It is hard for me to choose one memory as my “first” book memory. I can’t remember a time I didn’t love reading. I remember the first time I heard The Lion, the Witch and The Wardrobe by C.S. Lewis (my 3rd grade teacher read it to my class.) I remember the first time I read James and the Giant Peach by Roald Dahl. It was the also the first (but not last) time I read a book in one day! I loved Cinderella and weirdly, Rumpelstiltskin.
However, hands down, no question about it, the book that still makes my heart smile, is Go Dog Go by P.D. Eastman. I actually already wrote about it once on here. If you think his illustrations are distinctly Dr. Seuss, you would be correct: Eastman was a protégé and colleague of Theodor Geisel. It isn’t heavy on plot: a bunch of dogs zooming around on bikes and in cars and wearing funny hats. (Or from Wikipedia: “The book describes the actions and interactions of a group of highly mobile dogs, who operate cars and other conveyances.”) I adored the scene with the dogs partying in the tree and I’m still pretty sure I’ll get invited to a dog tree party someday.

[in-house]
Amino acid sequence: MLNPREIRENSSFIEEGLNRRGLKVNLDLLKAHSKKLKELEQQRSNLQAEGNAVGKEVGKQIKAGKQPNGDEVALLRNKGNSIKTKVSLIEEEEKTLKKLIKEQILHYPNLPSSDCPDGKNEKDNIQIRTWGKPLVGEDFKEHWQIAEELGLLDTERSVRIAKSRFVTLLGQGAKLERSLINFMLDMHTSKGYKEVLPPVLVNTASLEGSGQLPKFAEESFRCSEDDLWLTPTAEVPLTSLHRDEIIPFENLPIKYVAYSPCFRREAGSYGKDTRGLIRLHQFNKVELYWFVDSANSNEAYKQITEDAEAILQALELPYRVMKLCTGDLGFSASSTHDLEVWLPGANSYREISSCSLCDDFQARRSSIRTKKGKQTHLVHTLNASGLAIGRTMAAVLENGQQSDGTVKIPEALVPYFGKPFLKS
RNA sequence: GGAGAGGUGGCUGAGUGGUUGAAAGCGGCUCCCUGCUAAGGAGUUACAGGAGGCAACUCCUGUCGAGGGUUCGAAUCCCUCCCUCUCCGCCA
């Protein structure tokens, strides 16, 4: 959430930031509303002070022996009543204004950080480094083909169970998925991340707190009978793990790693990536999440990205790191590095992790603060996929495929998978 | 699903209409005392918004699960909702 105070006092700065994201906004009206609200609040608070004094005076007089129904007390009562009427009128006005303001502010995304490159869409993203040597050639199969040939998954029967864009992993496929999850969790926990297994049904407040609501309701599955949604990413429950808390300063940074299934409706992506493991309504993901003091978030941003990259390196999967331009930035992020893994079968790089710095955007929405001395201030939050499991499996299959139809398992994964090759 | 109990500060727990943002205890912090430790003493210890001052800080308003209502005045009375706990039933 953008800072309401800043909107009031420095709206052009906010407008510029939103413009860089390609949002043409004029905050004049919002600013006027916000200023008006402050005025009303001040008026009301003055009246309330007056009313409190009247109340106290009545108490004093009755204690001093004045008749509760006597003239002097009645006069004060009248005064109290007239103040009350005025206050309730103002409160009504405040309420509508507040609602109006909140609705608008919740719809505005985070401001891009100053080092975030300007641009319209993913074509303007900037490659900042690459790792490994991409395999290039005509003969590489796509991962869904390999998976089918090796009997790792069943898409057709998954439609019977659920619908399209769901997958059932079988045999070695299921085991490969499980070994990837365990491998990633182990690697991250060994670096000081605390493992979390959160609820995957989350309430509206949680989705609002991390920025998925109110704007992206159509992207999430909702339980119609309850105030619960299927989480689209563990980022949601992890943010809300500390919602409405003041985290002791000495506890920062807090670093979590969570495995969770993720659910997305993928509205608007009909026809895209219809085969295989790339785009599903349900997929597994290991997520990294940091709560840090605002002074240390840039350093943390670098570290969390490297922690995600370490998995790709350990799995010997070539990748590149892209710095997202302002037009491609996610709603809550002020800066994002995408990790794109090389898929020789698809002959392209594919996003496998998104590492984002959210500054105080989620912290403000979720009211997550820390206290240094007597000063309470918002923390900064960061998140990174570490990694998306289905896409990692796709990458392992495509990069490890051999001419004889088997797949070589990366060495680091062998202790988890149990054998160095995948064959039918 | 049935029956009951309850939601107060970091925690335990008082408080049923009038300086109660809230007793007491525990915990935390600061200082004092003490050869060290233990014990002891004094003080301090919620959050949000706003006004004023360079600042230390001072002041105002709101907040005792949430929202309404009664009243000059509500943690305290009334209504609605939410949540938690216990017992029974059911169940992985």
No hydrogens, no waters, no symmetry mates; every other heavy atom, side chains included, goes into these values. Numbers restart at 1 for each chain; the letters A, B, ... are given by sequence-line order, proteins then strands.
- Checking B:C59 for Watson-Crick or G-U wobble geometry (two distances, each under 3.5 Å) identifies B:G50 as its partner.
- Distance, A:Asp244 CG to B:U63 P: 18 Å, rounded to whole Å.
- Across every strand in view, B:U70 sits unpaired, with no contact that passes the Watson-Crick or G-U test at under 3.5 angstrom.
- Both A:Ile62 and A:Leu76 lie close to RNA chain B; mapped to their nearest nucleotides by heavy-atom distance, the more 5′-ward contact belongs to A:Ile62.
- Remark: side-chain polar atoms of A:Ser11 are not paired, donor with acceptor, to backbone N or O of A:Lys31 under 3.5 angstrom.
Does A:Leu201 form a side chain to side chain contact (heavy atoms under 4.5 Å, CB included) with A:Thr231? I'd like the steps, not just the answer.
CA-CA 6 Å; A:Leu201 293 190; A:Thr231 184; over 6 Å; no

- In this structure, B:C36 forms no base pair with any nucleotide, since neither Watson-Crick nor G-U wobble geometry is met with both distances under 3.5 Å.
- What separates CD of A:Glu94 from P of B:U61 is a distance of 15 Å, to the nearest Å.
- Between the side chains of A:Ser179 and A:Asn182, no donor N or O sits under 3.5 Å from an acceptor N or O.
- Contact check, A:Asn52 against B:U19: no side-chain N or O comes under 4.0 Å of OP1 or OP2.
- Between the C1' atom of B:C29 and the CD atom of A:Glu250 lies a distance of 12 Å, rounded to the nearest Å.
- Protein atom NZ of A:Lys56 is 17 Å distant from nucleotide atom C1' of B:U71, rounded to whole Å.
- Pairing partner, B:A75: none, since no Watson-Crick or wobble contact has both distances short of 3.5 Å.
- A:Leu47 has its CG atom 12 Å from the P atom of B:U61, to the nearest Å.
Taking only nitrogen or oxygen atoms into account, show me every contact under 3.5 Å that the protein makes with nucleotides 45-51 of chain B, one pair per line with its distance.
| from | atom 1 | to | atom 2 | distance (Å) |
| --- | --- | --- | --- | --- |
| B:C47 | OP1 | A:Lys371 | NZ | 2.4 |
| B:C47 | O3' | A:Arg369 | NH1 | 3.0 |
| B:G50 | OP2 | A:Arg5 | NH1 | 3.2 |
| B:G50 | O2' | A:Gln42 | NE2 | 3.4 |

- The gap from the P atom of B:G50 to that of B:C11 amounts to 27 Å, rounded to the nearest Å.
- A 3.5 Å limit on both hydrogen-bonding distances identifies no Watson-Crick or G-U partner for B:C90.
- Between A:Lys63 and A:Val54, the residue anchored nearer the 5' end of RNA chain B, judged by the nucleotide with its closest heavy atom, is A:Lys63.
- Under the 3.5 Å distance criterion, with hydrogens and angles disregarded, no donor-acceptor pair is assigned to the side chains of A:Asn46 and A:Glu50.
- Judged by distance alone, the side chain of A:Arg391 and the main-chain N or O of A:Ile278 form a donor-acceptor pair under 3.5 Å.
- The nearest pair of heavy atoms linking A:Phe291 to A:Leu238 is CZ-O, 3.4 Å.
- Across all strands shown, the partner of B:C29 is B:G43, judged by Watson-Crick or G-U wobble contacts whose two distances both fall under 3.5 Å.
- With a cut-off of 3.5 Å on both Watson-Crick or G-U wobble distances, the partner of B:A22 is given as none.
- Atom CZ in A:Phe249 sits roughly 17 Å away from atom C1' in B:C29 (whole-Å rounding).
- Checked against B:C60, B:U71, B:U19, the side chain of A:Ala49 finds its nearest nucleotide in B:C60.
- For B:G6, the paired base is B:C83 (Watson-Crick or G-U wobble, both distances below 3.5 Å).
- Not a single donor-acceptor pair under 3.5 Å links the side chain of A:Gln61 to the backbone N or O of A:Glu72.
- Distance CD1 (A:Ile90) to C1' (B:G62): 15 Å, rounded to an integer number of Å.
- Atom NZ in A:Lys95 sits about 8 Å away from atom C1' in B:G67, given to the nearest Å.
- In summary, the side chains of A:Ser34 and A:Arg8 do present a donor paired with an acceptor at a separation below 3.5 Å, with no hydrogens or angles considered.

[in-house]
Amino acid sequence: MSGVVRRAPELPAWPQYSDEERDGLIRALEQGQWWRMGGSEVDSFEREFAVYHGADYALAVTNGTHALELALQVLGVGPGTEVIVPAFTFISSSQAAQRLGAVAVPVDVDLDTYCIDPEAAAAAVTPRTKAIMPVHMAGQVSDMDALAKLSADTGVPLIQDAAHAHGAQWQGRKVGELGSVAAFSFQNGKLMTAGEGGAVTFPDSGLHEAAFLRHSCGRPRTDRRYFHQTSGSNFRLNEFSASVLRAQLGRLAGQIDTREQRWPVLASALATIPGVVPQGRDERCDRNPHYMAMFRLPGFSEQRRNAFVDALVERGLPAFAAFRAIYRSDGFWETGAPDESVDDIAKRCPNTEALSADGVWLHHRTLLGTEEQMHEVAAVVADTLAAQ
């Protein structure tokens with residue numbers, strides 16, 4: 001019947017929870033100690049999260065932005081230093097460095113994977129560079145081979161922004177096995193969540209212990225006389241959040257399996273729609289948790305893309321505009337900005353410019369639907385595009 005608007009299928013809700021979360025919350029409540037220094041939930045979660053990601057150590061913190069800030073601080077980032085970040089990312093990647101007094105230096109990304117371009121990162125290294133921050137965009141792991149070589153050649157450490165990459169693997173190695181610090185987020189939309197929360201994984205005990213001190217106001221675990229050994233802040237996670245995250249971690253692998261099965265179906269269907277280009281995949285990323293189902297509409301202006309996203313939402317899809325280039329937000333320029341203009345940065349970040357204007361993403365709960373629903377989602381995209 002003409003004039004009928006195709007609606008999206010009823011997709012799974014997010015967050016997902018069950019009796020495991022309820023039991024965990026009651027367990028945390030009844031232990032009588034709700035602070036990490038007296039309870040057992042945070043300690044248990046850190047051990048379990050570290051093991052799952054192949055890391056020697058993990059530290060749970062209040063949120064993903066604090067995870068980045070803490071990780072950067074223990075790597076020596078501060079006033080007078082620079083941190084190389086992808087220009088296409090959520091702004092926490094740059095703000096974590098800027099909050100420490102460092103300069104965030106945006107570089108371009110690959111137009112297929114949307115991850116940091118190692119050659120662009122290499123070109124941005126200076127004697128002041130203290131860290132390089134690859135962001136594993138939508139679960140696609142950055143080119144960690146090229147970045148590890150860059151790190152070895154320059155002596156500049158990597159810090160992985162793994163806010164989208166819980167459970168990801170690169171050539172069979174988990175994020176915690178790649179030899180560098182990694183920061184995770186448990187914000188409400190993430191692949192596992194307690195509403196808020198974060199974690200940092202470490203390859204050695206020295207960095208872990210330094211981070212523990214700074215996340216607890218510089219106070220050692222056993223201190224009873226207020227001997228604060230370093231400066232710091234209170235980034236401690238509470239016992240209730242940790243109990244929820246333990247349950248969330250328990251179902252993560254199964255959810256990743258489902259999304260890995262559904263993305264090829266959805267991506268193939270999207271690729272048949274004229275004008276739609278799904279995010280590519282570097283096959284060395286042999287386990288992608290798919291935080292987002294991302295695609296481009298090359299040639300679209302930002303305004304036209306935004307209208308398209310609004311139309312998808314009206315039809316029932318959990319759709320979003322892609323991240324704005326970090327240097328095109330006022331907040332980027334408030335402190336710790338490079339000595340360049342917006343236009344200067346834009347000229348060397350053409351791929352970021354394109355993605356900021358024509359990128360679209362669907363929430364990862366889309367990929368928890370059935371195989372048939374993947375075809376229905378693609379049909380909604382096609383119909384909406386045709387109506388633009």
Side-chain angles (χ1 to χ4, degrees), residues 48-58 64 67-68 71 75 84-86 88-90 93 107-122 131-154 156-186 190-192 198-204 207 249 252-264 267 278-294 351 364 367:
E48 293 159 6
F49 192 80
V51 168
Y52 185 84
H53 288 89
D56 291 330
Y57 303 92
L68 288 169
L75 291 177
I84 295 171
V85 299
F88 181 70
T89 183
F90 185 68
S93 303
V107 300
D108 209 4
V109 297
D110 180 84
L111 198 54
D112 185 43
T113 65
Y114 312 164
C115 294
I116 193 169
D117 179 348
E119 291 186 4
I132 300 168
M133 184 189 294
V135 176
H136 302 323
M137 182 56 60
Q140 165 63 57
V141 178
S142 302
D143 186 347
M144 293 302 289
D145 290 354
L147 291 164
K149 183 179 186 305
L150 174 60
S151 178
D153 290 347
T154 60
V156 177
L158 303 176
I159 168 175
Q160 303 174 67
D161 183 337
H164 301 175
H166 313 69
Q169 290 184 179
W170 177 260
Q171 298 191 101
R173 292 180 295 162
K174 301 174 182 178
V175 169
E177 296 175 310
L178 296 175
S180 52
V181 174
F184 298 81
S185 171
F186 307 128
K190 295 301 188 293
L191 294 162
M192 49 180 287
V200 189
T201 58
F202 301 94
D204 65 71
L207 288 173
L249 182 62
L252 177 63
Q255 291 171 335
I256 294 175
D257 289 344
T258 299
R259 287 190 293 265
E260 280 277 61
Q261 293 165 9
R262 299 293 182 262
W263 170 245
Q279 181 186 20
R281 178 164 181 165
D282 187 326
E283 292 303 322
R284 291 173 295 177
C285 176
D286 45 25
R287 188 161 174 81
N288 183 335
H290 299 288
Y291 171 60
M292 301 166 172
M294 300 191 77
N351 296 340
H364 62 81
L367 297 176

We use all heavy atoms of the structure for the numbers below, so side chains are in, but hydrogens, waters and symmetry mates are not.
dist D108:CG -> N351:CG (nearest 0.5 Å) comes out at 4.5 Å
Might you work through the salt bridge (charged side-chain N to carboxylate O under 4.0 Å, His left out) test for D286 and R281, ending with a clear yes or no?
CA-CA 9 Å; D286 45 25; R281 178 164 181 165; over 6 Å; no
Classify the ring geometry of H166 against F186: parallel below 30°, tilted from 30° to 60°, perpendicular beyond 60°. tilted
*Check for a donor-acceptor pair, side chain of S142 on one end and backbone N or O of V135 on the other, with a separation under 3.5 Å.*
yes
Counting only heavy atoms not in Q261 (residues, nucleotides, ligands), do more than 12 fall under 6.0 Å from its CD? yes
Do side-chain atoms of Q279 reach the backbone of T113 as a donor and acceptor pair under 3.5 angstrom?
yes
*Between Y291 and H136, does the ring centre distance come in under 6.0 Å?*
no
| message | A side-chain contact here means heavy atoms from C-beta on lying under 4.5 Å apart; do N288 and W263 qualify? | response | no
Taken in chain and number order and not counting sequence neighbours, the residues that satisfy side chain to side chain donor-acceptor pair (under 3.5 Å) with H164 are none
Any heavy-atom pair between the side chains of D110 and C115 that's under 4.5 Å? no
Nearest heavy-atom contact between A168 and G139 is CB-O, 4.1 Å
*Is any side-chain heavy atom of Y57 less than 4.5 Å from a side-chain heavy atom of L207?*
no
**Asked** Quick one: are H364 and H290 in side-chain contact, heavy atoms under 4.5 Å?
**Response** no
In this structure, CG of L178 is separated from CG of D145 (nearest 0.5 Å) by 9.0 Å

I also really think the dog in the car illustration would make an excellent tattoo!
I don’t remember my first book, but I do remember the first book I got in trouble for reading. I was in first grade, and we were droning on through Dick and Jane, and it was a huge snore. So I brought Charlotte’s Web to school, hid it in my textbook, and read it during silent reading period.
When I finally got caught, my teacher said, “You can’t possibly be reading that.” When I protested, she made me stand up in front of the class and read out loud. I think she thought she was going to shame me or something; you should have seen the look on her face when I launched into my reading, using different voices for each character. My school life–and reading life–got considerably interesting after that. Thanks, Charlotte, for rescuing me from literary purgatory, and starting me on a lifelong path of public mischief.